Friday, August 8, 2008

Midnight Meadow Murder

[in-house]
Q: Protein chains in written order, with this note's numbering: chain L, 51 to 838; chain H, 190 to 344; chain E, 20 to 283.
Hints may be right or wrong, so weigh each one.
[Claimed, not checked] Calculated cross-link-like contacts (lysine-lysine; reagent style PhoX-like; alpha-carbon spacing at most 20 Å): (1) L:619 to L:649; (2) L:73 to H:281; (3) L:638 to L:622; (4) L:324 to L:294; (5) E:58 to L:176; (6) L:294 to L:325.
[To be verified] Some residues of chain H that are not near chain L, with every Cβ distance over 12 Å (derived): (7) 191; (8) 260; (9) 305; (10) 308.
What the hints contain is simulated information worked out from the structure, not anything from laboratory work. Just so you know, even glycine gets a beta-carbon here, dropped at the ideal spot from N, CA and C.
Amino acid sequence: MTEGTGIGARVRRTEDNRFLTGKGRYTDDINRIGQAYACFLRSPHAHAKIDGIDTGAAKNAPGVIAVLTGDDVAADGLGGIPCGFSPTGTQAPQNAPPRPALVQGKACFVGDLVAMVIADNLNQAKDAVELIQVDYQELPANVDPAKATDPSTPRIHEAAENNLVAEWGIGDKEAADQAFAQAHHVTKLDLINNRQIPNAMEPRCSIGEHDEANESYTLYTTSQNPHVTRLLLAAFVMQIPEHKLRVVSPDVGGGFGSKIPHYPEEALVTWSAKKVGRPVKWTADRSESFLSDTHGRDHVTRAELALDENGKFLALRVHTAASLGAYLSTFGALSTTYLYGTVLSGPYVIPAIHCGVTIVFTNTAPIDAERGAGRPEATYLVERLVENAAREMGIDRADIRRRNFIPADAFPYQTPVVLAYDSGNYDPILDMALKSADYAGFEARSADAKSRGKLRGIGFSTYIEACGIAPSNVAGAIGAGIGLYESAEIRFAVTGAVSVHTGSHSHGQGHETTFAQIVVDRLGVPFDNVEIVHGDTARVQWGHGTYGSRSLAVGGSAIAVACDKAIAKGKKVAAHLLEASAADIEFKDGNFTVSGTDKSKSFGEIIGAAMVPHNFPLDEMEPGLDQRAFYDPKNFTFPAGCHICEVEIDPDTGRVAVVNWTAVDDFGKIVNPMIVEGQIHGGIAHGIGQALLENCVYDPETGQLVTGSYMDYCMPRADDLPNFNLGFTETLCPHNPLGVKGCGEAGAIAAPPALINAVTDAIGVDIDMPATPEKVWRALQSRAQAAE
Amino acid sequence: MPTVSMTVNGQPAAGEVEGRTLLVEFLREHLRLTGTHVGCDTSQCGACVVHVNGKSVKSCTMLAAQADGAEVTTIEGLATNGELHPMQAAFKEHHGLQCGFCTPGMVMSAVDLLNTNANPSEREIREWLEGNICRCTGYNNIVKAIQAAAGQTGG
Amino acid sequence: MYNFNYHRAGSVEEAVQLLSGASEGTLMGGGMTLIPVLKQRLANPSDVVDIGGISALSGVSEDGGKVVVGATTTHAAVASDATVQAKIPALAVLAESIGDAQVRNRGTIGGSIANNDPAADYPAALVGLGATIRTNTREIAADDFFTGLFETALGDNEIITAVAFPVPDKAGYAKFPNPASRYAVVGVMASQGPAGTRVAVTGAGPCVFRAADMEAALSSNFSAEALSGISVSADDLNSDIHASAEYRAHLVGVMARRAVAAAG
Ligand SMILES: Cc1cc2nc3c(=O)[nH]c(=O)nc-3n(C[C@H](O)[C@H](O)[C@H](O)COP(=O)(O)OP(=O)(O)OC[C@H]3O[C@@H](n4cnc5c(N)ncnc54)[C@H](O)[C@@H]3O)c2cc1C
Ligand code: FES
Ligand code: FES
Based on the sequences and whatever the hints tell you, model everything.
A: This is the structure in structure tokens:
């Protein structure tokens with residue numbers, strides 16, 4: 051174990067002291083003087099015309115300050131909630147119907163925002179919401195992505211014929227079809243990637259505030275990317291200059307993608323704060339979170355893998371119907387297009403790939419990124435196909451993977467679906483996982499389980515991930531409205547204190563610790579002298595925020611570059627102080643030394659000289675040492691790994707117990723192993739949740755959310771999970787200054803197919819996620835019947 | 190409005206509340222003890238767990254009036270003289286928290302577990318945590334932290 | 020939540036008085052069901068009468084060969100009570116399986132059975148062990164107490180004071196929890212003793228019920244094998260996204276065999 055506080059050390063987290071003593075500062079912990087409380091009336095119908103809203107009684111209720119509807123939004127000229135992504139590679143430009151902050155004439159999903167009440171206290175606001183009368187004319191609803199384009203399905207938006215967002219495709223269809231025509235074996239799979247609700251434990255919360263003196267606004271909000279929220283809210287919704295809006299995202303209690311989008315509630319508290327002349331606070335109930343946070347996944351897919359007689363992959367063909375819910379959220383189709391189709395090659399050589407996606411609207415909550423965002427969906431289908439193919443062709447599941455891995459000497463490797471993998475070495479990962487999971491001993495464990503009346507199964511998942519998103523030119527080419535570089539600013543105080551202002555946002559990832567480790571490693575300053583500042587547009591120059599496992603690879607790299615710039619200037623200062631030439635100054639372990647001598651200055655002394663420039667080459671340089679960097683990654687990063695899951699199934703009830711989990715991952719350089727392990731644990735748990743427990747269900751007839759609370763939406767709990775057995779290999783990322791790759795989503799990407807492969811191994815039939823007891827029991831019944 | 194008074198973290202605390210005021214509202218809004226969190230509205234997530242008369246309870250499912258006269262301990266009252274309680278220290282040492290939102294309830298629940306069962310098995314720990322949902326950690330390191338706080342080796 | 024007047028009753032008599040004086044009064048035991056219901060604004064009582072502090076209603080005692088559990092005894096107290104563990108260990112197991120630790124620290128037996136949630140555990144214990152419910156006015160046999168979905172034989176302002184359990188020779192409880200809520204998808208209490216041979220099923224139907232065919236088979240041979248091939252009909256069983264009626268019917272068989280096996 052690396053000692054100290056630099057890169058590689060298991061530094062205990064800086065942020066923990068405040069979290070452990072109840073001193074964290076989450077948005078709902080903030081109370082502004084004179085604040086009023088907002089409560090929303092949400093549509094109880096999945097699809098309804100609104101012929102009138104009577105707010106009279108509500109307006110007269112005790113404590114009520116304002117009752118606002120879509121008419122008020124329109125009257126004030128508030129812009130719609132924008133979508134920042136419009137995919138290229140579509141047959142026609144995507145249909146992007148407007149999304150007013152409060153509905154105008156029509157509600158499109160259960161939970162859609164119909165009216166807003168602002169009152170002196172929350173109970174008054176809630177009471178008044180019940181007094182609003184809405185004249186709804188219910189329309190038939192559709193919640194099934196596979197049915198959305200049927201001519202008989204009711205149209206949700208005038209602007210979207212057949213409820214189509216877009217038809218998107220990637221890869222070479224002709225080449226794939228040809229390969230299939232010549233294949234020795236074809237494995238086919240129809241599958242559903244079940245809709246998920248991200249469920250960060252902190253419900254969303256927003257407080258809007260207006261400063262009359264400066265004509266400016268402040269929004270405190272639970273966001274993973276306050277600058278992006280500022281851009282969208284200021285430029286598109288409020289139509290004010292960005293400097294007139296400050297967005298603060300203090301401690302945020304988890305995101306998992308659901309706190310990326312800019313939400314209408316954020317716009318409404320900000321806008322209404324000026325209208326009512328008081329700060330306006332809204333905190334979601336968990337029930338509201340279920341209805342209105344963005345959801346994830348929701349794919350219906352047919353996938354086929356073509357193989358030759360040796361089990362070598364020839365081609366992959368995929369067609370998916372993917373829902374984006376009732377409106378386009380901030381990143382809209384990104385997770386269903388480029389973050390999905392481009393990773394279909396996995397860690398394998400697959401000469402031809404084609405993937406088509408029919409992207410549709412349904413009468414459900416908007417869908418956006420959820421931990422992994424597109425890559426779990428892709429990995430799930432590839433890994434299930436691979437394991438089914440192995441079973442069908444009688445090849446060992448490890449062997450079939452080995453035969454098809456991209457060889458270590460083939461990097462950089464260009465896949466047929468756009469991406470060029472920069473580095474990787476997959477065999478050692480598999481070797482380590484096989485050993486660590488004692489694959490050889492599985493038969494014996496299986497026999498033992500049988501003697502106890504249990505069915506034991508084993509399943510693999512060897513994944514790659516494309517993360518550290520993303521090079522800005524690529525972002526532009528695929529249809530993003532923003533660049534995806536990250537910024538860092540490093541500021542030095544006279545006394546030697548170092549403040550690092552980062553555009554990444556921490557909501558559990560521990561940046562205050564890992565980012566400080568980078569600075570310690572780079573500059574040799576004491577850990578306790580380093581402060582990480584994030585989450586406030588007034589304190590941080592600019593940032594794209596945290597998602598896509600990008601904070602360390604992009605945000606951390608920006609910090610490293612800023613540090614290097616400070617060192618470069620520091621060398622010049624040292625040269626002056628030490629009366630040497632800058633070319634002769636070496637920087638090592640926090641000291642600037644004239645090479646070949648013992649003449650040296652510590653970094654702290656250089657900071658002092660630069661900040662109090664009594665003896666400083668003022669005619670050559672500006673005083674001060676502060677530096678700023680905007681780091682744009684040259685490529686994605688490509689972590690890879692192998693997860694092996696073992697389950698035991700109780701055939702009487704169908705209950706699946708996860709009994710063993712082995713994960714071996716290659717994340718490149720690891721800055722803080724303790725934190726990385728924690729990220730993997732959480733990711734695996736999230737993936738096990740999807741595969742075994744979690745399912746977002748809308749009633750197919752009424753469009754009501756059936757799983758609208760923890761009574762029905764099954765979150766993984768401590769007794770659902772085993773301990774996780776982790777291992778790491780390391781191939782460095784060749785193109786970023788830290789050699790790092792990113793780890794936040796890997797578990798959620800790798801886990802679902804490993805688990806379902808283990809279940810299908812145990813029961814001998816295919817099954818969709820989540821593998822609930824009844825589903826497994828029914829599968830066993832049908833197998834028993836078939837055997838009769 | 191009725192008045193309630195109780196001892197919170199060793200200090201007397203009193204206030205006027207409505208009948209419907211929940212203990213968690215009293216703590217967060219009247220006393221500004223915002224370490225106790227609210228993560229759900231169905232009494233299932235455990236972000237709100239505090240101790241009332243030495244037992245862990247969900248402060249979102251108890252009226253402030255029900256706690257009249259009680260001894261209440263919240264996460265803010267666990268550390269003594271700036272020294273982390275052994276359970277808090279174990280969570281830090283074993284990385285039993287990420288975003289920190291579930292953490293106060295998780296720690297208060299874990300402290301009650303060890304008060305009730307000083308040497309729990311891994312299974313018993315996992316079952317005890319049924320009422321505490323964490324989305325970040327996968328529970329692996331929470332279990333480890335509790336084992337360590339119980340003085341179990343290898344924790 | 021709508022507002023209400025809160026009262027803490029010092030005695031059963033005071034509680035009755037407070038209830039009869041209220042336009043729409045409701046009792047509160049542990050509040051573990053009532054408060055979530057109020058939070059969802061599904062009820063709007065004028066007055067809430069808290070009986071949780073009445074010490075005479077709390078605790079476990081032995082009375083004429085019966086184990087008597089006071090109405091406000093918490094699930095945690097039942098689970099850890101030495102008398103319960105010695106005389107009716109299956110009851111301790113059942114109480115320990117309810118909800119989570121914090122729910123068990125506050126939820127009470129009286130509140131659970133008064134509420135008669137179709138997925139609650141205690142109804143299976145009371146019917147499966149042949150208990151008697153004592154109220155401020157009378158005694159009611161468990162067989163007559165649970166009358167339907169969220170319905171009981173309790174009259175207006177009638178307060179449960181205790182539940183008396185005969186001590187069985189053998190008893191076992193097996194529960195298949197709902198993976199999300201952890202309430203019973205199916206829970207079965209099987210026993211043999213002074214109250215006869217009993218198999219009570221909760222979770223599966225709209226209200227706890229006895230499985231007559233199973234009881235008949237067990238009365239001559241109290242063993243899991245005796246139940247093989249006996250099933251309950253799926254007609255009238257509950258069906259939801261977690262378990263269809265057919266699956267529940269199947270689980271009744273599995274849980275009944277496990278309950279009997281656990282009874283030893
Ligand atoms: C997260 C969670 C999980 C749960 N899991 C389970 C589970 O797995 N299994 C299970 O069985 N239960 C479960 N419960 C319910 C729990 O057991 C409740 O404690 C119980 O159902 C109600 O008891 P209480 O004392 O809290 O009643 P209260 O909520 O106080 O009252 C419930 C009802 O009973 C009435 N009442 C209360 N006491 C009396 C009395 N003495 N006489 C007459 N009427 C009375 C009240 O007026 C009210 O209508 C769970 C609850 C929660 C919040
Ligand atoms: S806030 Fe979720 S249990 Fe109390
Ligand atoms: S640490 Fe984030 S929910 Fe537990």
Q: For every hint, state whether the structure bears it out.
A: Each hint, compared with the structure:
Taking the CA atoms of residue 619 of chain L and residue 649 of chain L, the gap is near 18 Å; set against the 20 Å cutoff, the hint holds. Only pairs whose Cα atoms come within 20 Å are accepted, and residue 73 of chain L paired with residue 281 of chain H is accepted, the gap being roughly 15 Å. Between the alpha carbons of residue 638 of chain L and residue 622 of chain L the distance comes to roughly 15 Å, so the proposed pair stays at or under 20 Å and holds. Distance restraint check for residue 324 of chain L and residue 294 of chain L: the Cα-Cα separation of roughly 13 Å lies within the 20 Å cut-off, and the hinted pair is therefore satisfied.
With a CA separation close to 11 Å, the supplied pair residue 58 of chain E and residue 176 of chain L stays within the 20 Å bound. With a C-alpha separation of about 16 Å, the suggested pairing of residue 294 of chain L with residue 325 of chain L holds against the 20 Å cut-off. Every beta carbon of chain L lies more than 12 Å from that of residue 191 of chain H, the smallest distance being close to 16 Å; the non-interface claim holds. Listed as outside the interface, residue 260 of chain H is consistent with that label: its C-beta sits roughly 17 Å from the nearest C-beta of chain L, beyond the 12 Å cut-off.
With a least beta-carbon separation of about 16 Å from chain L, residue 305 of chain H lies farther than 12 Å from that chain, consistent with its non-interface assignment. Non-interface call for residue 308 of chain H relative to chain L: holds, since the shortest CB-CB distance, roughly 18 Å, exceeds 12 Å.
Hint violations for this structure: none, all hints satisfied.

August 6, 2008 The Chatterbox Betty Kaiser “Murder in the meadow by moonlight” is a summer avian mystery taking place on our property at Wilson Creek Meadows. The victims appear to be ravens. Their only remains are large coal black feathers completely pulled from their bodies and found strewn around the meadow at daybreak. A deadly predator obviously has invaded our previously peaceful bird population. After my husband and I moved from the city to the country in 1989, we discovered a fascinating new world in the treetops. Living where we do, in the middle of a meadow, across from a lake and a creek, there is no shortage of winged creatures. As city dwellers we had never heard Screech Owls hunting by the full moon or had a house finch knock on the window to fill the bird feeder! We quickly became fascinated observers of this new kingdom. Shortly after moving onto the property we noticed a parade of cars stopping across the street from us. Individuals would get out, train their binoculars on a fir tree where a huge nest rested atop a snag. Officious looking people from fish and game organizations would periodically stop, jot down notes and leave. Tourists and campers would often look up and take photos. Our neighborhood tourist attraction turned out to be an osprey nest. We had previously observed ospreys in Alaska where we were fascinated with their fish carrying techniques. Their modus operandi is to swoop down into the water, grab a fish with their long claws and position it with the head forward to cut wind resistance. The fish is then carried off to the nest to be eaten. Our favorite local osprey experience was the day we heard a tussle in the skies over the creek. Mom and dad were anxiously circling the nest. Newly hatched chicks were loudly squawking to be fed. Overhead was an Eagle looking for lunch. Suddenly the osprey parents dive bombed the Eagle, flanked him and escorted him down the creek away from the nest. The chicks were safe to grow another day. Amazing. After years of raising sometimes multiple noisy broods, our ospreys are suspiciously quiet this year. In fact, this is the first time in our 20 summers on the lake, that they are no-shows. This is a cause for concern because ospreys often return to breed in the area they were born. We wonder what happened. Where are they? Eagles suddenly seem rather plentiful. Early one morning we were walking our dogs at a nearby park when we sensed something watching us. Suddenly we heard a large swoosh! A Bald Eagle rose from the branches of a tall fir, checked out our dogs and flew out over the lake. No doubt he was looking for smaller prey. An immense variety of smaller birds congregate at our place. Recently, a visiting friend, formerly with the Audubon Society, identified nearly 40 varieties in and around our property. We have an amazing community of colorful finches, chickadees, geese, juncos, grosbeaks, mallards, nuthatches, purple martins, tanagers, spotted towhees, red-breasted sapsuckers, flickers and my personal favorite — the red-winged blackbird. Stellar Jays also populate our little corner of the bird world. One evening last month, a pair of jays was harassing me on the way to the compost pile. Jumping up and down tree branches, they seemed to be trying to head me away from something. Suddenly, our doxie puppy flushed one of our cats out from under a ladder propped under the eaves of our storage shed. Aha! The jays weren’t worried about me; it was the cats they were watching. Closer inspection revealed that the jays had constructed a nest high atop an aluminum ladder. The nest was about 18-inches across and mom was sitting on eggs. I quickly boarded up the ladder to detract predators and give the family some security. Large ravens, black birds and crows populate the towering firs along the creek. They sound as if they are incessantly squabbling amongst themselves. Caw. Caw. Caaaw! Their shrill penetrating voices are not to be ignored. One can only assume that they command a great deal of respect in the bird community. But something has been stalking and killing them at night. (And no, it’s not our cats. They are inside.) So back to our mystery: what is killing these large birds? An eagle or large hawk? Ground predators are certainly a possibility. Raccoons? We have many. Jeff, our visiting son (a self-professed night owl) has added another twist to the mystery. A professional musician who needs to “keep his chops up,” he often practices his trumpet outside in the evening (with a heavy-duty mute). His audience is an interesting mix of cats, dogs, birds and bats flying out of the nearby trees. Thanks to his late night concerts, he observes a wide variety of nightlife. About 2 a.m. one morning, a large owl flew slowly (and closely) overhead to check him out! Jeff said that it looked suspiciously like a Great Horned Owl and had a distinctive ho hoo hoo sound. “Sorry, mom, I couldn’t pick him out of a lineup.” I looked up our visiting owl in Sibley’s Field Guide to Birds” and it says that Great Horned Owls “at night forage in woods, fields and forest edges for medium size mammals…” It also says that Screech Owls kill blackbirds. Hmm. The plot thickens. But hey! I’m a hybrid city girl living in the country. I can’t solve this mystery. Drop me a line or give me a call and let me know what you think. We can use a little help out here. Betty Kaiser’s Chatterbox is about people, places, family, and other matters of the heart. Read her weekly columns in the Cottage Grove Sentinel.